Chapter 13

Streamlining Systems, Managing Variables

In This Chapter

arrow Taking down two-equation systems with substitution and elimination

arrow Breaking down systems with more than two equations

arrow Graphing systems of inequalities

arrow Forming and operating on matrices

arrow Putting matrices into simpler forms to solve systems of equations

When you have one variable and one equation, you can almost always solve the equation. Finding a solution may take you some time, but it is usually possible. When a problem has two variables, however, you need at least two equations to solve; this set of equations is called a system. When you have three variables, you need at least three equations in the system. Basically, for every variable present, you need a separate unique equation if you want to solve for it.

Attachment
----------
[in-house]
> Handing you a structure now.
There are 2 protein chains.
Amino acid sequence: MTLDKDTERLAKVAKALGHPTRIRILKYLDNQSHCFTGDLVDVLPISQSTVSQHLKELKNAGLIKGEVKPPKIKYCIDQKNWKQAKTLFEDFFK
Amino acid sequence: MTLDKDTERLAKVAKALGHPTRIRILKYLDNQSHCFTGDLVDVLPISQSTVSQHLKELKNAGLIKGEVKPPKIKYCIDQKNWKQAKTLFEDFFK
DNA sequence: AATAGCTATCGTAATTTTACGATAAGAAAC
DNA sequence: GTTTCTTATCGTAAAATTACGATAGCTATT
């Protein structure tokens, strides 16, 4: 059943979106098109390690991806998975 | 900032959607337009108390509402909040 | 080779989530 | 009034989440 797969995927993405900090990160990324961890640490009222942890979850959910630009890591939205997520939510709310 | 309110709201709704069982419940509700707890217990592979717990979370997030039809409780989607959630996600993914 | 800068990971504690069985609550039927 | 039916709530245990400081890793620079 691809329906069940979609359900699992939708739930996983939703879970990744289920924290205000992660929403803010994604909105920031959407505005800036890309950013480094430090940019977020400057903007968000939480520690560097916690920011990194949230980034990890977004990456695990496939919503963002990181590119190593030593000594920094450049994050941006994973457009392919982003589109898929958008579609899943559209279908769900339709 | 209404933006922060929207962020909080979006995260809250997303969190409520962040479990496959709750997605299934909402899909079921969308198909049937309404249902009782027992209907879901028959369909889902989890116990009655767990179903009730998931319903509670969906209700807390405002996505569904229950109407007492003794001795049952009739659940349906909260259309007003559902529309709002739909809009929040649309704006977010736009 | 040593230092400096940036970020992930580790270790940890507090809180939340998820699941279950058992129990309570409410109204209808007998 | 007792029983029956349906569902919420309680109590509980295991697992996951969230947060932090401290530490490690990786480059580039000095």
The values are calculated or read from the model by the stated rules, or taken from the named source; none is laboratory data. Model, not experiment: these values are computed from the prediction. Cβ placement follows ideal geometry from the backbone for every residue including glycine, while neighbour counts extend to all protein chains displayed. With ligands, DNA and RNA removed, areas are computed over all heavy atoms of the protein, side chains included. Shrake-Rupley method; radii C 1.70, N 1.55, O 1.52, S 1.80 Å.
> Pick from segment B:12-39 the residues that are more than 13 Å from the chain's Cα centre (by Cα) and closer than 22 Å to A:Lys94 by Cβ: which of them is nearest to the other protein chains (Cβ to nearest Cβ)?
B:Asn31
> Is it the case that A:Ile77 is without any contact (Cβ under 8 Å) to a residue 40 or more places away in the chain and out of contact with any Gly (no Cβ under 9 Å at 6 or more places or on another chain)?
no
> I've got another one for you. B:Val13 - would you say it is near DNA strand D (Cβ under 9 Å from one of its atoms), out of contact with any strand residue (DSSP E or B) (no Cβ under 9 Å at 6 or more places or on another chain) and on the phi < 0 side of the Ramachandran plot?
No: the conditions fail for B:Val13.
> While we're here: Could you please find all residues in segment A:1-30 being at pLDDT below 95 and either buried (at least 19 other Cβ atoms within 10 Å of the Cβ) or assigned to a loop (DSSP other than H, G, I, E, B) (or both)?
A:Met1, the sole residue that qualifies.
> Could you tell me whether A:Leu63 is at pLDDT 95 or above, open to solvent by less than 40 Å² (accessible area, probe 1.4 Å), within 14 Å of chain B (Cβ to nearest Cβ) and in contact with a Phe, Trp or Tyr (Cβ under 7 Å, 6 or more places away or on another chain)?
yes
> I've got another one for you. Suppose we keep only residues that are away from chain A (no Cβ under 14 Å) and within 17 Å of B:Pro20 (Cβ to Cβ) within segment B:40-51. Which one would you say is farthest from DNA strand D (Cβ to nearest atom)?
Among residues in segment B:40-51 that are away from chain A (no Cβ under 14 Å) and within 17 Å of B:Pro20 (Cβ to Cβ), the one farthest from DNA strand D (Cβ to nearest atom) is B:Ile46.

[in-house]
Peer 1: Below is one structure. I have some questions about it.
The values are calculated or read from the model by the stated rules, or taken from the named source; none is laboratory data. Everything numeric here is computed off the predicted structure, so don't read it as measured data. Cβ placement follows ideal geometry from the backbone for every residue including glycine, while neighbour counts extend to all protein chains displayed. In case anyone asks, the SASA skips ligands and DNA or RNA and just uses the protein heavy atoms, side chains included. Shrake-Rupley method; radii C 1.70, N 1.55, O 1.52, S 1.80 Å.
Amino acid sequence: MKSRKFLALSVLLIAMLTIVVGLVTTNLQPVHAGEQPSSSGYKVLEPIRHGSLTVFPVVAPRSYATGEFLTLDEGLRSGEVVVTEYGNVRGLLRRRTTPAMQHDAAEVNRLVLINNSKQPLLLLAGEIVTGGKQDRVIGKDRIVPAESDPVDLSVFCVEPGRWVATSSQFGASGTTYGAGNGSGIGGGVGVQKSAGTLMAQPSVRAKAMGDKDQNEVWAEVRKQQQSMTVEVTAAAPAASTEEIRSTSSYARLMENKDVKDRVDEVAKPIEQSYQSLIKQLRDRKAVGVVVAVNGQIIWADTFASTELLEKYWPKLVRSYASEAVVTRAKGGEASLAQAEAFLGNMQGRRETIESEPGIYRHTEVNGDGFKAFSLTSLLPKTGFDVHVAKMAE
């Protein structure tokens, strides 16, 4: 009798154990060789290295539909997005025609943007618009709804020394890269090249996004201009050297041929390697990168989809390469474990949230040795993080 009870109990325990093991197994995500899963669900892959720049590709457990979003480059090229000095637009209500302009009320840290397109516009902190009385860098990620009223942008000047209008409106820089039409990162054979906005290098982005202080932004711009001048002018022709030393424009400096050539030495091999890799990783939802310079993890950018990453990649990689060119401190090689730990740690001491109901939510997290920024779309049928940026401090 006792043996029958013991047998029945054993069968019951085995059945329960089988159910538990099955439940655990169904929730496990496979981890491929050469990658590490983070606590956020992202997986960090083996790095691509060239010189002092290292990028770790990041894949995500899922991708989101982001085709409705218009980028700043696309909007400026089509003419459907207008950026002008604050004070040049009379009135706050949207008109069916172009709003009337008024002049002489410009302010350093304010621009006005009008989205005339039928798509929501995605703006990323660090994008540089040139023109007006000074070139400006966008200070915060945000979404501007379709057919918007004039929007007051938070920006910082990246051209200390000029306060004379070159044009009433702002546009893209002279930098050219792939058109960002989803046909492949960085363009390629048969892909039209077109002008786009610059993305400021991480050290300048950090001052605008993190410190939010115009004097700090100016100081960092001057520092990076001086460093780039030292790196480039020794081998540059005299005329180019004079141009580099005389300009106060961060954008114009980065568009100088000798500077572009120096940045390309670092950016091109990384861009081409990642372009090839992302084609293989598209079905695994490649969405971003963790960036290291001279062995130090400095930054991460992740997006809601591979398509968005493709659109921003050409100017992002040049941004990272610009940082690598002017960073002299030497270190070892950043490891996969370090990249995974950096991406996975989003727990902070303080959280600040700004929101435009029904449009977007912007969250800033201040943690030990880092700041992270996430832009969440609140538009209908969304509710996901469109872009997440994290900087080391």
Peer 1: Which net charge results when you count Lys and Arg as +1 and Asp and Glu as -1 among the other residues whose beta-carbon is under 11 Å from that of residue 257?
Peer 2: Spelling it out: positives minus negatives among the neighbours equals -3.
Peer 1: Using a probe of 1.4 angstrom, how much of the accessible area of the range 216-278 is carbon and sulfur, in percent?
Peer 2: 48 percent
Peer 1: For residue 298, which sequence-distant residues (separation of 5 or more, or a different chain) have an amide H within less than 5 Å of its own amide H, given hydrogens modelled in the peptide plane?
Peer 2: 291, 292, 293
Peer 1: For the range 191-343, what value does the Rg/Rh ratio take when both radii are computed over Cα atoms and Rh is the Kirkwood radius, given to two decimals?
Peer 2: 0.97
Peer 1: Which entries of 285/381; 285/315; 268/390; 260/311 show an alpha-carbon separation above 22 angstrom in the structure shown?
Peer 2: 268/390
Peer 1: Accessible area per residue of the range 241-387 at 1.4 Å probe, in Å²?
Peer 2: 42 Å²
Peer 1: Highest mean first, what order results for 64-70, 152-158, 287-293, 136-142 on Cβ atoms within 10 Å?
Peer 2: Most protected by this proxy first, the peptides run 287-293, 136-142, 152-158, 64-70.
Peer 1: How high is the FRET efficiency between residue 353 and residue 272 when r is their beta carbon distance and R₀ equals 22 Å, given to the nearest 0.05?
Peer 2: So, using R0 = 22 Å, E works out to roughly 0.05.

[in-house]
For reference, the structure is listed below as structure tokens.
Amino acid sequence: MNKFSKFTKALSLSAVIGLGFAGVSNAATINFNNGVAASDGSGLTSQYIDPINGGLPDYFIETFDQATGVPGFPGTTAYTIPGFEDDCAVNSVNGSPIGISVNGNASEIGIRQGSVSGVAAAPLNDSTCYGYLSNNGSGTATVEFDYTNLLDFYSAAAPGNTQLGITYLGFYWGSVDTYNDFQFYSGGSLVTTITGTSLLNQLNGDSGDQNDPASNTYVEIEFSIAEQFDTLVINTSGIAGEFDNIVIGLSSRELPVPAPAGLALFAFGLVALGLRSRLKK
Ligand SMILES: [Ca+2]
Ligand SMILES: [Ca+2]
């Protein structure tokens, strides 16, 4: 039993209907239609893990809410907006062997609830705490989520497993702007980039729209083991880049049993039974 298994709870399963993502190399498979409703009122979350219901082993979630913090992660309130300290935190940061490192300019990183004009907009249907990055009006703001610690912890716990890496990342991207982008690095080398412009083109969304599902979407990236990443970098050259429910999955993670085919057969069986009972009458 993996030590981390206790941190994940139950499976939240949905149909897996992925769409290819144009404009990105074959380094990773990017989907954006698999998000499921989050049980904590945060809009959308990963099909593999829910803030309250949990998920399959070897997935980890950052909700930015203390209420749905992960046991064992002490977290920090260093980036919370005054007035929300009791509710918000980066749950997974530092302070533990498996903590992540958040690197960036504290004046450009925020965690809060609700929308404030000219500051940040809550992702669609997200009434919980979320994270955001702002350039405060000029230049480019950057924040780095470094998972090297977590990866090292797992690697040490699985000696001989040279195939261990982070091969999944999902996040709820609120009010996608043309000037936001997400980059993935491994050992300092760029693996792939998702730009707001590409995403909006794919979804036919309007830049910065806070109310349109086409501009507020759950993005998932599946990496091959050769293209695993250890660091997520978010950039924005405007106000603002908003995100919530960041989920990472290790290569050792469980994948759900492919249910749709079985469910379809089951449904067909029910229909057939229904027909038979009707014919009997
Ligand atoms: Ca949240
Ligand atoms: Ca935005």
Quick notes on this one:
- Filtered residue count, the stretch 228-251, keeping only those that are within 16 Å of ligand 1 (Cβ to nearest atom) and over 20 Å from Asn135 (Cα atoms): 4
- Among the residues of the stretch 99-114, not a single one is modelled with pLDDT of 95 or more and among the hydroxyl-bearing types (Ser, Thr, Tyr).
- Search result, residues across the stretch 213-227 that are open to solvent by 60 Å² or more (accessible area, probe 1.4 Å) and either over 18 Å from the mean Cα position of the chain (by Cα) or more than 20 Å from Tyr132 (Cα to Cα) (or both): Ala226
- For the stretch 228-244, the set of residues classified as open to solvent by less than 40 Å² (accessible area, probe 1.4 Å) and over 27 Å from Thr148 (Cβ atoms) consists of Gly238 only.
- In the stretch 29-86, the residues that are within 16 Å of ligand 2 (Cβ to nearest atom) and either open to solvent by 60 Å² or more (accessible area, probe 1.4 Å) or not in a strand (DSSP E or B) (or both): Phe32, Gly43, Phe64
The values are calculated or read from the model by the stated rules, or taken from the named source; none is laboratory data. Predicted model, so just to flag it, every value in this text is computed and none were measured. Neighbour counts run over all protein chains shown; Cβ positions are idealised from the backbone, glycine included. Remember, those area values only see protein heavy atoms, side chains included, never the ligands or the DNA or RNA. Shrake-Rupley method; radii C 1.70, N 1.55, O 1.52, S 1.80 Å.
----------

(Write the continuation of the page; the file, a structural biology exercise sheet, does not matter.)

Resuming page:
For an equation with three variables, an infinite number of values for two variables would work for that particular equation. Why? Because you can pick any two numbers to plug in for two of the variables in ...

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